Takeaways from college basketball recruiting’s wild few days in Las Vegas – CBSSports.com

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LAS VEGAS — In basketball circles, what happened here in the summer of ’17 will likely be talked about for years — probably even a decade from now. Every summer recruiting period has its own flash of headlines, but usually those stories are contained within college hoops’ offseason universe and mostly forgotten about by the time the regular season arrives. Rare is the year that stories from the summer recruiting circuit go national and linger in the consciousness. 

But 2017 was obviously very different. 

Thank, or blame, LaVar Ball for that. 

With the final live period in the rear-view mirror, here’s a broad recap of what happened in Vegas. And yes, there was plenty non-Ball news, too. Still, we must start with him for these five takeaways: 

1. Good or bad, you can’t deny LaVar’s news value

From the Zion Williamson-LaMelo Ball mega matchup to LaVar successfully lobbying to remove a female ref (to subsequently making sexist comments about her, then refusing to walk those comments back) to the huge fallout from Adidas’ decision to kowtow to Ball, fans, media, coaches and pretty much everyone who attended the Adidas Summer Championships will swap stories for years to come about the spectacle that played out in Sin City. 

It started with Wednesday night’s headliner at the Cashman Center, when the crowd was so huge that LeBron James was advised to keep him and his crew away. I’ve never seen anything like it, and don’t know if I ever will again. LaVar was the primary draw, but don’t discount the LaMelo vs. Zion factor. Because for all else that was to come in Vegas in the next three days, the Balls — and Zion — never had a crowd nearly as big as the one in their game.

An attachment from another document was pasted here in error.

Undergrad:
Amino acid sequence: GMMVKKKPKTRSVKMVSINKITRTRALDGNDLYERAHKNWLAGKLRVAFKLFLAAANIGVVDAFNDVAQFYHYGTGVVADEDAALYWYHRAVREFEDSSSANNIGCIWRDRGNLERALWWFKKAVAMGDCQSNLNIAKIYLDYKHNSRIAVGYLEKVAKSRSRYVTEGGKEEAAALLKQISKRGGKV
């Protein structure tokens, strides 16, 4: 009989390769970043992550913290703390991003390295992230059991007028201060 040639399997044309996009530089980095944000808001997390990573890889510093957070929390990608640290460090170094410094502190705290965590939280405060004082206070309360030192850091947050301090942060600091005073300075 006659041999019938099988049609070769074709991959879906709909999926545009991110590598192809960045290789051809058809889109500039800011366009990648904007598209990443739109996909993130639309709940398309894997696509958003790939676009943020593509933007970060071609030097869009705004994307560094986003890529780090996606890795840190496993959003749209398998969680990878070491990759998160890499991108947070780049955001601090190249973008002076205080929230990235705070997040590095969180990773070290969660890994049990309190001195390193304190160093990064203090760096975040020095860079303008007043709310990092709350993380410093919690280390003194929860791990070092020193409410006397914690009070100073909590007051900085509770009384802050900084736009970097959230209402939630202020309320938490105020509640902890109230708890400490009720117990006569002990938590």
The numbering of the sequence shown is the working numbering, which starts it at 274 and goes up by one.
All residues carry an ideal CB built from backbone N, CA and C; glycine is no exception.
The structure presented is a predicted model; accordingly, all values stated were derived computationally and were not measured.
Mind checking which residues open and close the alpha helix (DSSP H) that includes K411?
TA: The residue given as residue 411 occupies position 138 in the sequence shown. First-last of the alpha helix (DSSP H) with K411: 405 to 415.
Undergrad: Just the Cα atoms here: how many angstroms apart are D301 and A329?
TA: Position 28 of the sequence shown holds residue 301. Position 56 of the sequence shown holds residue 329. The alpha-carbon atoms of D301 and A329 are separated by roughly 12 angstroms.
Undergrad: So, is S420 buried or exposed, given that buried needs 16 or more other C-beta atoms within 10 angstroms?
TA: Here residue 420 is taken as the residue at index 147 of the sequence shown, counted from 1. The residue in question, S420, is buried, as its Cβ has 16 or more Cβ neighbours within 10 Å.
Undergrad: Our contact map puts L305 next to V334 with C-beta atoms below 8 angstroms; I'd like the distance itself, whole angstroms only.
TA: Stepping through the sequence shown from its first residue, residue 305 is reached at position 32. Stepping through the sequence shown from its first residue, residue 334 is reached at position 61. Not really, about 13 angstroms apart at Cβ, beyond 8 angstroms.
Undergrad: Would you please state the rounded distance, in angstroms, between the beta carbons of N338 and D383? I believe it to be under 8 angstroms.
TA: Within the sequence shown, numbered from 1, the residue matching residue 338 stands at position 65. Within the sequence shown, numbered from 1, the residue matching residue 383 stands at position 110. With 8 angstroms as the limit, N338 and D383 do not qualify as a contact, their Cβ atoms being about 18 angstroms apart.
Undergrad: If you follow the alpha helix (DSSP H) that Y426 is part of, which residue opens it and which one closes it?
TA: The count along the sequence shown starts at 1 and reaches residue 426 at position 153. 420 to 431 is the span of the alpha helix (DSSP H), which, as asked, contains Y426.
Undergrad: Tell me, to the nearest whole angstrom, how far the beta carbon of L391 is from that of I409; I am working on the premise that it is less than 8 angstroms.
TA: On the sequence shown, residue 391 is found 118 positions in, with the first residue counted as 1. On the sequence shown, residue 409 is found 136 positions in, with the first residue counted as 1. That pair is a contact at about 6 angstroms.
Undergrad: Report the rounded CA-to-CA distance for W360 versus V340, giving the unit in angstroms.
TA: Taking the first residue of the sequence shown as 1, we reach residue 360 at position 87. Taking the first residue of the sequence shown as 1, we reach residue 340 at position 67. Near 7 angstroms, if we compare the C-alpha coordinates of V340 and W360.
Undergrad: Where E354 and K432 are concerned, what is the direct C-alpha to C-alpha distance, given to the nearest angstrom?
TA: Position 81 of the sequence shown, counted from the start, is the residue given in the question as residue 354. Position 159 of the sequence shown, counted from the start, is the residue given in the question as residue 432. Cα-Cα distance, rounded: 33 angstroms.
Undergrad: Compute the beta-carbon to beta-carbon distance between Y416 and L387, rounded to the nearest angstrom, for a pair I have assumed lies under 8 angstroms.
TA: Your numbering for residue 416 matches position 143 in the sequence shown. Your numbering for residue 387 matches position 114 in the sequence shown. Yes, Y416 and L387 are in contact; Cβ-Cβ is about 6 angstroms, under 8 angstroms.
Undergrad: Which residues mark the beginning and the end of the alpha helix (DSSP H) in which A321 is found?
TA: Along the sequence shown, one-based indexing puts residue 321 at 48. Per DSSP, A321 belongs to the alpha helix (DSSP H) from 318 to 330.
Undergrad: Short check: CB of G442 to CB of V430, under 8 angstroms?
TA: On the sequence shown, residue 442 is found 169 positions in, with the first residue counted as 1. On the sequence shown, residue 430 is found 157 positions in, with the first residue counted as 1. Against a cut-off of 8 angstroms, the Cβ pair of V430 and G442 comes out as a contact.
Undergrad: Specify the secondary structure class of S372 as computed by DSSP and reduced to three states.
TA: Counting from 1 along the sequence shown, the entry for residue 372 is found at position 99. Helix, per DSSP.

I spoke with plenty of coaches, and even some Adidas employees, about the LaVar effect. Many of them noted how the man has been self-promoting hype machine on the level of the Kardashians. After all, Big Baller Brand has played in this very Adidas event for three straight years. But the past two years, nobody knew who LaVar Ball was. BBB would play a game, and there’d be almost no media attention. 

Now this. 

Ball deserves prolonged criticism for his insensitive and sexist comments. He still carries an army of followers and fans, though. He would take selfies with people — on two occasions, the line was 50-plus people deep — after every game. Celebrity culture is a powerful, bizarre thing. There are two bodyguards/trainers/family friends that travel with the team as well. And there’s a documentary crew that had the consent of the Balls and Adidas to walk on the floor — boom mics and all — during timeouts. Hundreds of people were asked to sign waivers in order to have their faces shown on the docuseries that will eventually air on Facebook. Many of the officials working the games refused to do so.

People have pushed back, claiming the media needs to stop covering Ball. But the metrics don’t support that. He garners as much interest as any non-athlete in sports today, and if he’s going to make awful comments that draw headlines, exposing what he does and what he thinks serves a purpose as well. 

Know this: If Adidas is to continue its relationship with the Ball family, the circus will continue again next year. LaMelo still has one more season of the summer circuit left, and I get the feeling 2018 will provide another element — good, bad or otherwise — that we didn’t see this year. 

2. LaMelo’s game is a bit overrated 

The kid is talented but he’s incredibly erratic. Ball averaged a tournament-best 36.5 points in six games in Vegas, but his shots-per-game average had to hover right around the number of points he scored. (His final two games were at a high school, instead of the Cashman Center, so field goal percentage was not tracked.) Plus, he’s a turnover machine. I counted at least 12 turnovers for Ball in his final two games — this after he averaged four per game in the first four matchups. 

He has his moments, though. A good handle, a nice floater, an aggressive pursuer to get in the lane. It’s why he’s a tough matchup from 30 feet — because he’ll launch from there as well. He also was chucking up shots from just inside halfcourt in the final minute of his team’s 116-95 tournament-eliminating loss to Team Lillard on Saturday. By the end of that game he had a tournament-high 56 points. But to what end? 

Yes, he’s still young, but there’s a lot bad to go with the good. His game is compelling yet frustrating. He’s a flamboyant chucker. I saw a litany of airballs, and a few badly missed layups. Not once in Vegas did he get in a defensive crouch, and he frequently never crossed halfcourt to play D. Team Lillard roughed him up a little bit, with that chippiness leading to a double technical late in that game. 

Off the floor, his quotability is practically null. 

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